12/2-12/3- Several natural D2 avalanches were noted on south aspects of Three pigs, Hippie Ridge and Averys.  These windslab avalanches originated between 4000-5500 feet elevation.


NWS Watches and Warnings


Point forecast for Thompson Pass

Snow likely, mainly after 3pm. Cloudy, with a high near 27. Northeast wind 5 to 15 mph becoming southwest in the afternoon. Chance of precipitation is 70%. Total daytime snow accumulation of less than one inch possible.
Snow, mainly before 9pm. Low around 23. Southwest wind 10 to 15 mph becoming north after midnight. Winds could gust as high as 25 mph. Chance of precipitation is 90%. New snow accumulation of less than a half inch possible.
Partly sunny, with a high near 30. Northeast wind 15 to 20 mph, with gusts as high as 30 mph.
Monday Night
Mostly cloudy, then gradually becoming mostly clear, with a low around 23. North wind around 20 mph, with gusts as high as 30 mph.
Mostly sunny, with a high near 29. North wind 10 to 15 mph becoming southeast 5 to 10 mph in the afternoon. Winds could gust as high as 30 mph.
Tuesday Night
A 50 percent chance of snow. Mostly cloudy, with a low around 20. South wind 5 to 10 mph becoming northwest after midnight.
A 30 percent chance of snow. Mostly cloudy, with a high near 29.
Wednesday Night
A chance of snow. Mostly cloudy, with a low around 11.

 Detailed forecast for Thompson Pass (mid elevation 2000-4000′)

DATE             SUNDAY 12/26            MONDAY 12/27            
TIME (LT)        06    12    18    00    06    12    18    00    06
CLOUD COVER      OV    OV    OV    SC    SC    BK    BK    FW    SC
CLOUD COVER (%) 100    85    85    30    45    55    60    10    30
TEMPERATURE      14    26    25    24    25    30    26    25    25
MAX/MIN TEMP                 27          24          30          23
WIND DIR         SW    SW    SW     W    NE    NE    NE    NE    NE
WIND (MPH)        4    10    11     9    14    16    13    10     8
WIND GUST (MPH)                                      31    31    27
PRECIP PROB (%)  40    80    90    10     0     0     0     0     5
PRECIP TYPE       S     Z     S                                    
12 HOUR QPF                0.09        0.04        0.00        0.00
12 HOUR SNOW                0.5         0.4         0.0         0.0
SNOW LEVEL (KFT)2.1   2.5   2.2   2.5   2.8   1.5   1.4   1.4   1.2

Snow and Temperature Measurements


Date: 12/26 24 hr snow  HN24W* High Temp Low Temp Weekly SWE (Monday- Sunday) December Snowfall Season Snowfall HS (Snowpack depth)
Valdez 0 0 24 12 .12 55 79 20
Thompson Pass N/O N/O 15 3 .2 39 159 24
46 Mile Trace 0 13 2 .25 30 30**  20


All snowfall measurements are expressed in inches and temperature in Fahrenheit. 24 hour sample period is from 6am-6am. 

* 24 hour snow water equivalent/ SWE.

** Season total snowfall measurements for 46 mile began December 1st.


Season history graphs for Thompson Pass











































Click on links below to see a clear and expanded view of above Season history graphs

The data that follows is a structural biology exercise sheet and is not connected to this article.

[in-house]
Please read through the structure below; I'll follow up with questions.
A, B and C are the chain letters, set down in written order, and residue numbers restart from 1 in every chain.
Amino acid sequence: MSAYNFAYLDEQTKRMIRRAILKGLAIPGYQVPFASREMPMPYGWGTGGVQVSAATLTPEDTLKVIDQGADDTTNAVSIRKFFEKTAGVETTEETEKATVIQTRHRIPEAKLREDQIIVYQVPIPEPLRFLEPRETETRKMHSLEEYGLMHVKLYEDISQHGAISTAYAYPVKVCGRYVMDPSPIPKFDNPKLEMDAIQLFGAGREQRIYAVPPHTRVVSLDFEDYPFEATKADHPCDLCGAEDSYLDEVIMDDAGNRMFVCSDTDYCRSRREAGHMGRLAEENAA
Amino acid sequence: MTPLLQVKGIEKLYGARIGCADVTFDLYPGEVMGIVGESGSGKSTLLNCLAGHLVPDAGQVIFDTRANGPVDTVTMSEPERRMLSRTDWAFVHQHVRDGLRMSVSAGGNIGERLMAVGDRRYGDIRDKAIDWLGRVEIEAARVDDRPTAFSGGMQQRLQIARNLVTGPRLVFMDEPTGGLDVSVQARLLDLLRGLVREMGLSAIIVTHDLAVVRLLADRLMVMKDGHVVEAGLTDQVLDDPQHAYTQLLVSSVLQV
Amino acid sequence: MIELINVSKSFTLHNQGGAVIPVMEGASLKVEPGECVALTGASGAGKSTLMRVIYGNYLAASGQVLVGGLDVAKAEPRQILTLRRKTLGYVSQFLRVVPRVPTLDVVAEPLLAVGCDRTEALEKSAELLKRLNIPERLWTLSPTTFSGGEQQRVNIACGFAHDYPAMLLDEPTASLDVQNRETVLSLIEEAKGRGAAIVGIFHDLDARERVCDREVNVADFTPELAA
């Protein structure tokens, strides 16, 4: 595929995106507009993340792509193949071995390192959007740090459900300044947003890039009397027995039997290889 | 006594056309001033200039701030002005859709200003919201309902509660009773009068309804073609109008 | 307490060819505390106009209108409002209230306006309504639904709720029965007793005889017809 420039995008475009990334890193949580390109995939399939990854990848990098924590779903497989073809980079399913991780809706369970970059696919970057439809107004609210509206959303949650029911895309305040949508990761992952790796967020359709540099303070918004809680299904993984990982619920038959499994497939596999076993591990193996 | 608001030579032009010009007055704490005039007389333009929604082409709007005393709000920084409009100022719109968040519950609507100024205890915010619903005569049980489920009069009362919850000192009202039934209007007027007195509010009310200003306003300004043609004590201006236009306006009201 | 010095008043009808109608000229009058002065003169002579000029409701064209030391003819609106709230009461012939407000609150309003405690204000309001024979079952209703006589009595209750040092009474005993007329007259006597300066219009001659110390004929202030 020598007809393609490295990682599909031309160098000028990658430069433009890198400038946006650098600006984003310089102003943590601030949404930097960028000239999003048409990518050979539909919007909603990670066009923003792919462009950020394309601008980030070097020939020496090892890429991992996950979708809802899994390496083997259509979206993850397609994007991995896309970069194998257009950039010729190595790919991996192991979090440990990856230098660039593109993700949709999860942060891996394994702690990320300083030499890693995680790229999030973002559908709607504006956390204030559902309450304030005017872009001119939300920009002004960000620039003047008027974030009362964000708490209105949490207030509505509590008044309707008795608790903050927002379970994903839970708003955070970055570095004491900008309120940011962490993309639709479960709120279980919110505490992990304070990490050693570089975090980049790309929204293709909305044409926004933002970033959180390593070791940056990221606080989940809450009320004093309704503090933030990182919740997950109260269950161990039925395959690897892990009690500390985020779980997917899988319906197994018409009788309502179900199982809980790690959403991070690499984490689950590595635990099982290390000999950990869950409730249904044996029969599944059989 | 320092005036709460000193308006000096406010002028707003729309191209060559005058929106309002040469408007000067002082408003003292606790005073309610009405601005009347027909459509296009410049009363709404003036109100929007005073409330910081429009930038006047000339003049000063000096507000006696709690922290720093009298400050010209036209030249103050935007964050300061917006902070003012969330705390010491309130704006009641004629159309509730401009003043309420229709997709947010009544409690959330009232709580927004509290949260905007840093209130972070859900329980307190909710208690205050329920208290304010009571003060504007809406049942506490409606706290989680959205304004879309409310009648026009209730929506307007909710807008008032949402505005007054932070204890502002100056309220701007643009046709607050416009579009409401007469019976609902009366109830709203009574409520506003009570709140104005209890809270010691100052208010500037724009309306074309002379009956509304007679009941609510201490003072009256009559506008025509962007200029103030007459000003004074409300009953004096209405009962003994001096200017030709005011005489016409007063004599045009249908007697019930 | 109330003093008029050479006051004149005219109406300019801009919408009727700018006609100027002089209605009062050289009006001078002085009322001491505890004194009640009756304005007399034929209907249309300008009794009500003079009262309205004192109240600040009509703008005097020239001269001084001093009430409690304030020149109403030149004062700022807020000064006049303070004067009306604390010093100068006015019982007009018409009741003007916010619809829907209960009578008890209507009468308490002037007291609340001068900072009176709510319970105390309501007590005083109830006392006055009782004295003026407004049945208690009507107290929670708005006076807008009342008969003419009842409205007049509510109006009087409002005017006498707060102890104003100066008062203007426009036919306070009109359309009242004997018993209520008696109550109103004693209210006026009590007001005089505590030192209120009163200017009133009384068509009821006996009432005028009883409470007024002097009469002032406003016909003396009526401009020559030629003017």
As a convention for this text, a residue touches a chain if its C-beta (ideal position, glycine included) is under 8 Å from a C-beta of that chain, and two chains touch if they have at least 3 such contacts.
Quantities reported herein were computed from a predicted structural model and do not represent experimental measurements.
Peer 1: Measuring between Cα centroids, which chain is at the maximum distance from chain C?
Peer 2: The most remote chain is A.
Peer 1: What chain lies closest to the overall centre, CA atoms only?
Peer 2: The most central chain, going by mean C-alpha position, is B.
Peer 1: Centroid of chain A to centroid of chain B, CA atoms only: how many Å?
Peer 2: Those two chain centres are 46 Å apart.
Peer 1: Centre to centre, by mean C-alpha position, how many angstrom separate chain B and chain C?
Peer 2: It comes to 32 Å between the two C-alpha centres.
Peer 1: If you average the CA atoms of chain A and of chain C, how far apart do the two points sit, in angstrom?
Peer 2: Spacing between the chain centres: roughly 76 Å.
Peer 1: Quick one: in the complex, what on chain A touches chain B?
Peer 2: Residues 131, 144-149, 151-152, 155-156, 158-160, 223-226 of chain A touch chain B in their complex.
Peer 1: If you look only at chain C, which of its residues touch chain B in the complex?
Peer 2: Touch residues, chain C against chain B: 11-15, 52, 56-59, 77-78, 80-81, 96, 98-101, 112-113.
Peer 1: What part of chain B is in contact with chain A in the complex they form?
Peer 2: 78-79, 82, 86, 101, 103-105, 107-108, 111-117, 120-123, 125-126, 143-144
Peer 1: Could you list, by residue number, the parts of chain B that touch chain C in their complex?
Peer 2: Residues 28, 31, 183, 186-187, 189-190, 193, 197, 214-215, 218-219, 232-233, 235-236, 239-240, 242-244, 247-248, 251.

TP WX Nov 21


TP WX as of 12/20

Additional Information

Winter weather began early this season, with valley locations receiving their first snowfall on the last day of Summer (September 21st).  Following this storm, above average temperatures and wet weather occurred from late September through early November.  During this time period Thompson Pass received 96 inches of  snowfall by November 7th and Valdez recorded 7.73″ of rain.  

After the 7th of November our region experienced a sharp weather pattern change.  Temperatures dropped below seasonal norms and snowfall became infrequent.  Between the time frame of November 7th- November 28th Thompson Pass only reported 19″ of snow with 1.1″ of Snow water equivalent (SWE).  Temperatures remained below 0° F for most of the period.   This cold/dry weather caused significant faceting of the snowpack, with poor structure the result.

Moderate snowfall returned to our area the last day of November and deposited 6-12 inches of new snow.  The amount varied depending upon the locations’ proximity to the coast.  As the storm exited on the 2nd of December it was quickly replaced by moderate to strong northeast winds.  

On 12/5-12/6 Valdez received 2 feet of new snow with Thompson Pass reporting 16″.  Blaring red flags like collapsing, shooting cracks and propagation in stability tests were immediately present.  On 12/8 a significant remote/ sympathetic avalanche event occurred from Gully 1 through Nick’s Happy Valley. 

Strong outflow winds began on 12/11 with periods of light snowfall.  This has caused slab thicknesses to become variable in areas exposed to NE winds.

A fair amount of natural avalanche activity occurred during the 12/11 wind event mostly on southerly aspects.  The week following this wind event fairly benign weather occurred which allowed the snowpack to adjust and for stability to improve although snowpack structure has remained poor.  

On 12/21 our area received a couple inches of snow along with temperatures rising and strong outflow winds.  This combination of weather kicked off a fairly significant natural avalanche cycle.  Many of the slabs appeared to be deeper wind slabs that were created from the 12/11 wind event.  These failed on faceted snow created in November.  The event is yet another indicator of our poor snowpack structure and its inability to receive any major change in weather without the avalanche hazard rising in conjunction.




The avalanche hazard is Considerable above 2000′.  Temperatures are forecasted to warm above freezing at high elevations.  Human triggered avalanches are likely and natural avalanches will be possible from 1-4 feet in depth.